What is the price of compassion? Tips4EyeDocs Daily – 06 Feb 2012 – No. 45

We are all caring professionals. Our patients not only want clinical expertise but also compassion. It is unmistakable that is an integral part of a patient encounter. It is a key component to a successful outcome and to a successful practice. But compassion is difficult to define, master and inculcate.

To a patient,  compassion may take many forms. First, it can be seen by the patient as  “active” or “reflective” listening. This is a kind of listening that is not biased and conveys no judgement by the doctor.  To busy doctors, however, we may unknowingly signal indifference because we are accustomed to listening for a chief complaint or contemplating what battery of tests to order. We might even interrupt a patient is not responding directly to a question.

Second, being dismissive of a patient’s concerns or questions may look like indifference.  Although a doctor may not have all of the answers at hand whenever a question is asked, discouraging questions always leads to decreased compliance to treatment or management.  Patient questions are based upon real concerns and may be an attempt to “get-to-know-the-doctor-better”.  Or it may be an attempt by the patient to frame questions that are useful. Acknowledging at least that you understand they have a question will somewhat ally this concern.

Lastly, compassion includes how the doctor presents the case.  Doctors tend to fall into two categories. On the one hand, the doctor may prescribe and the patient is expected to follow. On the other hand, the doctor and patient can share in the decision on how to manage. On the whole, most doctors fall into the latter category, but we may always execute better each time.  Not discussing or sharing in the decision means that the patient’s input is discounted even though the doctor may not intend for that perception to occur. It still does.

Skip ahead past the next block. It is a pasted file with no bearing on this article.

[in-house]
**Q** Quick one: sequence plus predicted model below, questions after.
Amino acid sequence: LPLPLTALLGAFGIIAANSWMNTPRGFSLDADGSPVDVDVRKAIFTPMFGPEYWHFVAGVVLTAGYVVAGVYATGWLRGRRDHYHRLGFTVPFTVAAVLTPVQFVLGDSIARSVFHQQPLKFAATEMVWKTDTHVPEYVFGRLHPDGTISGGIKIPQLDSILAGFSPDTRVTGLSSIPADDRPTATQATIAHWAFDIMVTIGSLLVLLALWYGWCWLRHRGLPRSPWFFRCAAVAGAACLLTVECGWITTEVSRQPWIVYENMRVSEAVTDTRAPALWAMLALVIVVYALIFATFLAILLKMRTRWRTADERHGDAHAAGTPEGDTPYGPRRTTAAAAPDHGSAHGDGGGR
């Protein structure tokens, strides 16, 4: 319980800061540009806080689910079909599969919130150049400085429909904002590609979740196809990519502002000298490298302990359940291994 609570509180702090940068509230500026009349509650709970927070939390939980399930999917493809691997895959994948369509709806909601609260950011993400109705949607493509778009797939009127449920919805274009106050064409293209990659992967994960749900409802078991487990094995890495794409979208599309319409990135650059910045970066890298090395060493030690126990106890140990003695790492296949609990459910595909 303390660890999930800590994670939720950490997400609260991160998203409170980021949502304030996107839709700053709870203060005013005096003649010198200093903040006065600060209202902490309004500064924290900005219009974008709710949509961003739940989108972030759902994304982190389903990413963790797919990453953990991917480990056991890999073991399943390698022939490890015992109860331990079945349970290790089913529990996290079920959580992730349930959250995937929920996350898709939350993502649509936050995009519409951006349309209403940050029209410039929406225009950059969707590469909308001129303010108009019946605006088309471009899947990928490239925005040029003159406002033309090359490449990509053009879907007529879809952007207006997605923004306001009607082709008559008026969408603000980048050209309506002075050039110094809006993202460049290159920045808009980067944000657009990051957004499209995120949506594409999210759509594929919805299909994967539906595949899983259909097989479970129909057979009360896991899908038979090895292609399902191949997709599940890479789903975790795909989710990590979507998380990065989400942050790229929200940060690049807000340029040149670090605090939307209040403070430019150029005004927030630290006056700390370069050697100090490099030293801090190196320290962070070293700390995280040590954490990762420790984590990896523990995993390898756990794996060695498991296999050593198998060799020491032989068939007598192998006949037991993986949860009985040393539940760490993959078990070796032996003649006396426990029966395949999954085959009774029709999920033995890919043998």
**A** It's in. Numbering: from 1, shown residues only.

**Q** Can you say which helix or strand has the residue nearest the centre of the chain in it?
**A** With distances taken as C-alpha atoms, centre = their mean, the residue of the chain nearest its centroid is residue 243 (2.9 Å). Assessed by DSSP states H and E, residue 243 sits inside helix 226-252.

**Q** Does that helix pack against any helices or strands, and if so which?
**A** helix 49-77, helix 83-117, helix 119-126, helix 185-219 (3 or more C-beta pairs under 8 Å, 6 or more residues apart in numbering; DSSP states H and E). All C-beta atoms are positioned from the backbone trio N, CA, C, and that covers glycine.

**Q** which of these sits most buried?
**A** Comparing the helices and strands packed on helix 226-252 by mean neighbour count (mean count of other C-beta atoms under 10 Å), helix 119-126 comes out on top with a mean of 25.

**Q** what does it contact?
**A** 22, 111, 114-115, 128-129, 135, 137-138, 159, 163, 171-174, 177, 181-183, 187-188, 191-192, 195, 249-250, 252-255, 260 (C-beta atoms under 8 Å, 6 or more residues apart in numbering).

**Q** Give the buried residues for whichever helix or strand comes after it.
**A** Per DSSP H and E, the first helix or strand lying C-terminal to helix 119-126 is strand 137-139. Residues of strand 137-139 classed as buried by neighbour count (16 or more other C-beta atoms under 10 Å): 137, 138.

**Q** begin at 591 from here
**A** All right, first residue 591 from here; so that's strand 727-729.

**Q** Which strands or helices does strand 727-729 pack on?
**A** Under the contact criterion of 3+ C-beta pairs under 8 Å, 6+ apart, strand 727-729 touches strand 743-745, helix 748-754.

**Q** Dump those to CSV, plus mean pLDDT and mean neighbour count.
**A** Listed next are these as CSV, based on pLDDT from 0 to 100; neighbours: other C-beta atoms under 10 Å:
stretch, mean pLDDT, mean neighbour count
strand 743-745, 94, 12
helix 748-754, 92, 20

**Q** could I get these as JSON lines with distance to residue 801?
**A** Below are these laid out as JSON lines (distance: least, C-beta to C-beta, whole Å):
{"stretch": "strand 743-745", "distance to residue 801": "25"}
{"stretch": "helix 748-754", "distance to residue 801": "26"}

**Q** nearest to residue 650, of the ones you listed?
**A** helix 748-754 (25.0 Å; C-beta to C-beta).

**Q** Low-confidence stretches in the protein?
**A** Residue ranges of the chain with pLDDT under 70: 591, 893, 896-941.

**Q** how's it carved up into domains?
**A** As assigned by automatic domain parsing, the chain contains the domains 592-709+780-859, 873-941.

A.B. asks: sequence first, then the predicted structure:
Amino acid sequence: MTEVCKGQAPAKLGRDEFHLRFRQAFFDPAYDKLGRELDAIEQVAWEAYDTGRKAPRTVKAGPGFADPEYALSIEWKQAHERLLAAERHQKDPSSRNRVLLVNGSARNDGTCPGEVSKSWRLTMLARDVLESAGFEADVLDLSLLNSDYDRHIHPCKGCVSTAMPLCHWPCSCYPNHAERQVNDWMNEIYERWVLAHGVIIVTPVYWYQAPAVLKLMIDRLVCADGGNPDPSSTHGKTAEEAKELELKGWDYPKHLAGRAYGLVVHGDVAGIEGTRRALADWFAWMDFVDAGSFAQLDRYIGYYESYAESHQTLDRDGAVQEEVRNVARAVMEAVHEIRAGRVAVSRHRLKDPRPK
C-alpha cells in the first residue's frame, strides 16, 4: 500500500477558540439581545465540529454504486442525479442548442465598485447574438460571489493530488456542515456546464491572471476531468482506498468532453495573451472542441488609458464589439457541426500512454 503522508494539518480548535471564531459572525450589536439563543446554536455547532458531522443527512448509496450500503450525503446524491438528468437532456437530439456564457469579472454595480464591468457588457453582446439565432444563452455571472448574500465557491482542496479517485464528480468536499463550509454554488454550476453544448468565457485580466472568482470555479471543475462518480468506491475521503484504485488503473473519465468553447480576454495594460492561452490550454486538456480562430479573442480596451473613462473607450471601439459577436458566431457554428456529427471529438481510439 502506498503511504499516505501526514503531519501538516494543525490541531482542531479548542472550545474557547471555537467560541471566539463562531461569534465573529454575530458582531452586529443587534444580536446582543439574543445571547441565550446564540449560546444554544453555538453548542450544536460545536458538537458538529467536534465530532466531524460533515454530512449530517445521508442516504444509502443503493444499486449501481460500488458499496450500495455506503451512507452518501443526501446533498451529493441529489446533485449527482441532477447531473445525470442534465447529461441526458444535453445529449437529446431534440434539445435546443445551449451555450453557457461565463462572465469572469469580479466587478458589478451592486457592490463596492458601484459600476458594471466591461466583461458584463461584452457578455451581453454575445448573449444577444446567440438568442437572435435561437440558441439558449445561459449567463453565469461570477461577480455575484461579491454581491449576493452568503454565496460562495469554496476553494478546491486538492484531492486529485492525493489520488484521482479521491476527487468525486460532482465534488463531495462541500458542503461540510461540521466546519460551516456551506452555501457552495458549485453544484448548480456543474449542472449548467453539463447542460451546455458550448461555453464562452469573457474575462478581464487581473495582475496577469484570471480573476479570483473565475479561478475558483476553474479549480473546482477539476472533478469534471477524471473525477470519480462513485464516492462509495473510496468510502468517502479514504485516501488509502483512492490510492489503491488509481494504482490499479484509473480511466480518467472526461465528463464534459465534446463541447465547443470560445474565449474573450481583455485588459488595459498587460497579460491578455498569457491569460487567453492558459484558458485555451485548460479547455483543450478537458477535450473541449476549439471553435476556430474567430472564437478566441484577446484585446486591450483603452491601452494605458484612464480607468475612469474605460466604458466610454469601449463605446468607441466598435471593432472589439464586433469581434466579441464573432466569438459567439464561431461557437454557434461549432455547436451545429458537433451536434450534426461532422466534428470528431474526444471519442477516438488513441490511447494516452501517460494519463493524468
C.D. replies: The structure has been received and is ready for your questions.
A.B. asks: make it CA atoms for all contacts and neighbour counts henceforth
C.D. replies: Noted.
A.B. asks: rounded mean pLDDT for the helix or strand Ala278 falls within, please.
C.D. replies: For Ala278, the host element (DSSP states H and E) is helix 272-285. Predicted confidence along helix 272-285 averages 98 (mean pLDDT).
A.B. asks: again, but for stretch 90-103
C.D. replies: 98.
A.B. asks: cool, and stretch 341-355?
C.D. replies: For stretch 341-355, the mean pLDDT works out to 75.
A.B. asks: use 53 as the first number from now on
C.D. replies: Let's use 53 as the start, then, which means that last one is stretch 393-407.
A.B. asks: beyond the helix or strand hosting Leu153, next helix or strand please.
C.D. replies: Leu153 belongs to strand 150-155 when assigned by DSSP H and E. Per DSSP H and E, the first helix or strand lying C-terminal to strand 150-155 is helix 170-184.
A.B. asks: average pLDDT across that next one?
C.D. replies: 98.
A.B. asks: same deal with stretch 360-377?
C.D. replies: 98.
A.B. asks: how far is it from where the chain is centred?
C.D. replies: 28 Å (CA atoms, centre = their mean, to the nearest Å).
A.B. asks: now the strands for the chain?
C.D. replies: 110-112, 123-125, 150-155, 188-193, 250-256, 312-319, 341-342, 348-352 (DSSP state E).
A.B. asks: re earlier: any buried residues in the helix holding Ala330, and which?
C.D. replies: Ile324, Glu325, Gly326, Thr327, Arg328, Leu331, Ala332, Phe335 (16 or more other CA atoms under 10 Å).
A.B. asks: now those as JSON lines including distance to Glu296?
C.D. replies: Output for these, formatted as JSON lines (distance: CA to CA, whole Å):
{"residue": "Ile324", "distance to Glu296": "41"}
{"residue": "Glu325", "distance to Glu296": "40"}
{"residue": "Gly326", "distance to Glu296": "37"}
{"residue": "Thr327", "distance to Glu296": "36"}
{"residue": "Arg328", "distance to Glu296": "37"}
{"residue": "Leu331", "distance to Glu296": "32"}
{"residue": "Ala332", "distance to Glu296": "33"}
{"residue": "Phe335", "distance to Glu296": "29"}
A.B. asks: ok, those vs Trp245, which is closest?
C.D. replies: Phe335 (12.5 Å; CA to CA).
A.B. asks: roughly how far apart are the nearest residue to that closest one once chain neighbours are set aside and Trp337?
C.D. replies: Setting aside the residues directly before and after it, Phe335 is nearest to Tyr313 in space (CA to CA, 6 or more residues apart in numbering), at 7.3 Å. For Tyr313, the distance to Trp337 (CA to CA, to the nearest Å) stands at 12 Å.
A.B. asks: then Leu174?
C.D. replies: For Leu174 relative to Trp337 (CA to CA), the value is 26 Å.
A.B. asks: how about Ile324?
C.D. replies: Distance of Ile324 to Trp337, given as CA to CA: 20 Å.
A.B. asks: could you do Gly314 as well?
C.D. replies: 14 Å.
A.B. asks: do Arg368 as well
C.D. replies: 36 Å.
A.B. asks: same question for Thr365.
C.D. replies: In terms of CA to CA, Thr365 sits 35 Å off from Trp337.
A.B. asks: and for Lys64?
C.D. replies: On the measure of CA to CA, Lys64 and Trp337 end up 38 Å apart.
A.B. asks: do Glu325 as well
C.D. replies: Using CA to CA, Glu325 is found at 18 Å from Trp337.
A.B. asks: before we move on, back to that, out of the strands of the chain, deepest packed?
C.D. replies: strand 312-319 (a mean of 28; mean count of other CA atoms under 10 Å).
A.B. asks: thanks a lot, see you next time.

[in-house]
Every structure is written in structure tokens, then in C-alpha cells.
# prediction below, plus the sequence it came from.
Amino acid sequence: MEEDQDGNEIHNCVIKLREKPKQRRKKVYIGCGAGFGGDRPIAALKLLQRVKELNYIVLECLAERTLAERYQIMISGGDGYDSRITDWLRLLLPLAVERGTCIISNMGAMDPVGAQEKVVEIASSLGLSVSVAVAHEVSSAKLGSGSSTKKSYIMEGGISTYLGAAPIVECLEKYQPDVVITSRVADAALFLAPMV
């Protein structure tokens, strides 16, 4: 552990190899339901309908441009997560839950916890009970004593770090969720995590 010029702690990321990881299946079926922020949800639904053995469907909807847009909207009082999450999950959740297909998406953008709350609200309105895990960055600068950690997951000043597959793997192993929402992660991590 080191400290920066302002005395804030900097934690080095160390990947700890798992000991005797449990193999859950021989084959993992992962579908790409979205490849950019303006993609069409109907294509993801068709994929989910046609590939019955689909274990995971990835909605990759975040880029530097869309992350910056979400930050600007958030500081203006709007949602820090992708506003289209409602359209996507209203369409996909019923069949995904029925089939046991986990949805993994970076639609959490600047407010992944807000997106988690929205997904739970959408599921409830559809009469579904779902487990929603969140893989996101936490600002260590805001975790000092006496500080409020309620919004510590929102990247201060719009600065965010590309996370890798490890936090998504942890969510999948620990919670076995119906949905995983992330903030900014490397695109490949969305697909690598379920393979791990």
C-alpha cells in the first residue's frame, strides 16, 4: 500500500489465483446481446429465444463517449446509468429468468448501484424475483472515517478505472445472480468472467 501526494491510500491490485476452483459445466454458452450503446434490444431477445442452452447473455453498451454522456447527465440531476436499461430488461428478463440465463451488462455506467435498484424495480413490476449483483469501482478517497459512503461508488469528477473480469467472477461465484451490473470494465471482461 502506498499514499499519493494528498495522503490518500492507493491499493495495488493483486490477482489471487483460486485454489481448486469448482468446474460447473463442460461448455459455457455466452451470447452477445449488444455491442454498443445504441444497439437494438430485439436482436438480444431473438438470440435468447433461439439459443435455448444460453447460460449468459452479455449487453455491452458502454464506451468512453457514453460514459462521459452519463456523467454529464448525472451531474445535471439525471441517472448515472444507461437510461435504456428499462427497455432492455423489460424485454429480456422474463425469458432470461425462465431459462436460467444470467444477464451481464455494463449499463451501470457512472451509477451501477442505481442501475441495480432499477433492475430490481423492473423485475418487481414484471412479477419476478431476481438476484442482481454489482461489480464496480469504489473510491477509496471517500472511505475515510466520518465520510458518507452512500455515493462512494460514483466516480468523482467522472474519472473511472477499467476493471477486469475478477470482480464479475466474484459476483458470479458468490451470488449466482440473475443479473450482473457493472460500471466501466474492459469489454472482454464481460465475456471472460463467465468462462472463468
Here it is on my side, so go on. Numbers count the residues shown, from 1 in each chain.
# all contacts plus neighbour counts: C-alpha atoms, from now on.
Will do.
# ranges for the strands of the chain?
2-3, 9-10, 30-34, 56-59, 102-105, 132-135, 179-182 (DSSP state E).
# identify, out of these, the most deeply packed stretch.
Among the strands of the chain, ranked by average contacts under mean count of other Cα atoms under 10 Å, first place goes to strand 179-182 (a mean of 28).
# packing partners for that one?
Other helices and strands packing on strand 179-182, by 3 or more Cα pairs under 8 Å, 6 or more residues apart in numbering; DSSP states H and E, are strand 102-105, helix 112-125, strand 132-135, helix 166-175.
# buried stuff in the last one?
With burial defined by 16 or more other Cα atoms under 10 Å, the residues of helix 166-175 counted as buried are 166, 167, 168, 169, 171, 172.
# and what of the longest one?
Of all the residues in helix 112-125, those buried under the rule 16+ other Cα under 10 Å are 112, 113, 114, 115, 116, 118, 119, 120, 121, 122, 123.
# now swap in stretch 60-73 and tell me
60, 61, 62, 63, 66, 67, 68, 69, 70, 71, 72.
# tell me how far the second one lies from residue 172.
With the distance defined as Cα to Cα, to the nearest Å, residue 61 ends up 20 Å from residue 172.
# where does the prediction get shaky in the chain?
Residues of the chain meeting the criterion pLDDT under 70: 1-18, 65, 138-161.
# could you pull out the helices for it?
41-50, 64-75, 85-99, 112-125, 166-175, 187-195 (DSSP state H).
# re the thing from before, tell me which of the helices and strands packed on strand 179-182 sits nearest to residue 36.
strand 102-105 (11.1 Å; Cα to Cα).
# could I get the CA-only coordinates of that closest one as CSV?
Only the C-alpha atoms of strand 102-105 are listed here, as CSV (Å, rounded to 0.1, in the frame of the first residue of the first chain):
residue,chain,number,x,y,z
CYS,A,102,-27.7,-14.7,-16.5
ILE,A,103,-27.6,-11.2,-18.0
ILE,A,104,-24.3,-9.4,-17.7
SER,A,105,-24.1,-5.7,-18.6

In the natural and normal course of clinical care in optometry, no significant depth of compassion is often needed or even required. But I believe the more that we can practice or exhibit compassion, the better our outcomes might be. When a doctor can sense that deeper compassion is required, we should not await any further or additional prodding to practice it.

About Richard Hom OD, MPA

Dr. Hom holds Doctor of Optometry and Masters in Public Administration degrees and practices family eye care and consults on public policy, health information technology and program evaluation.
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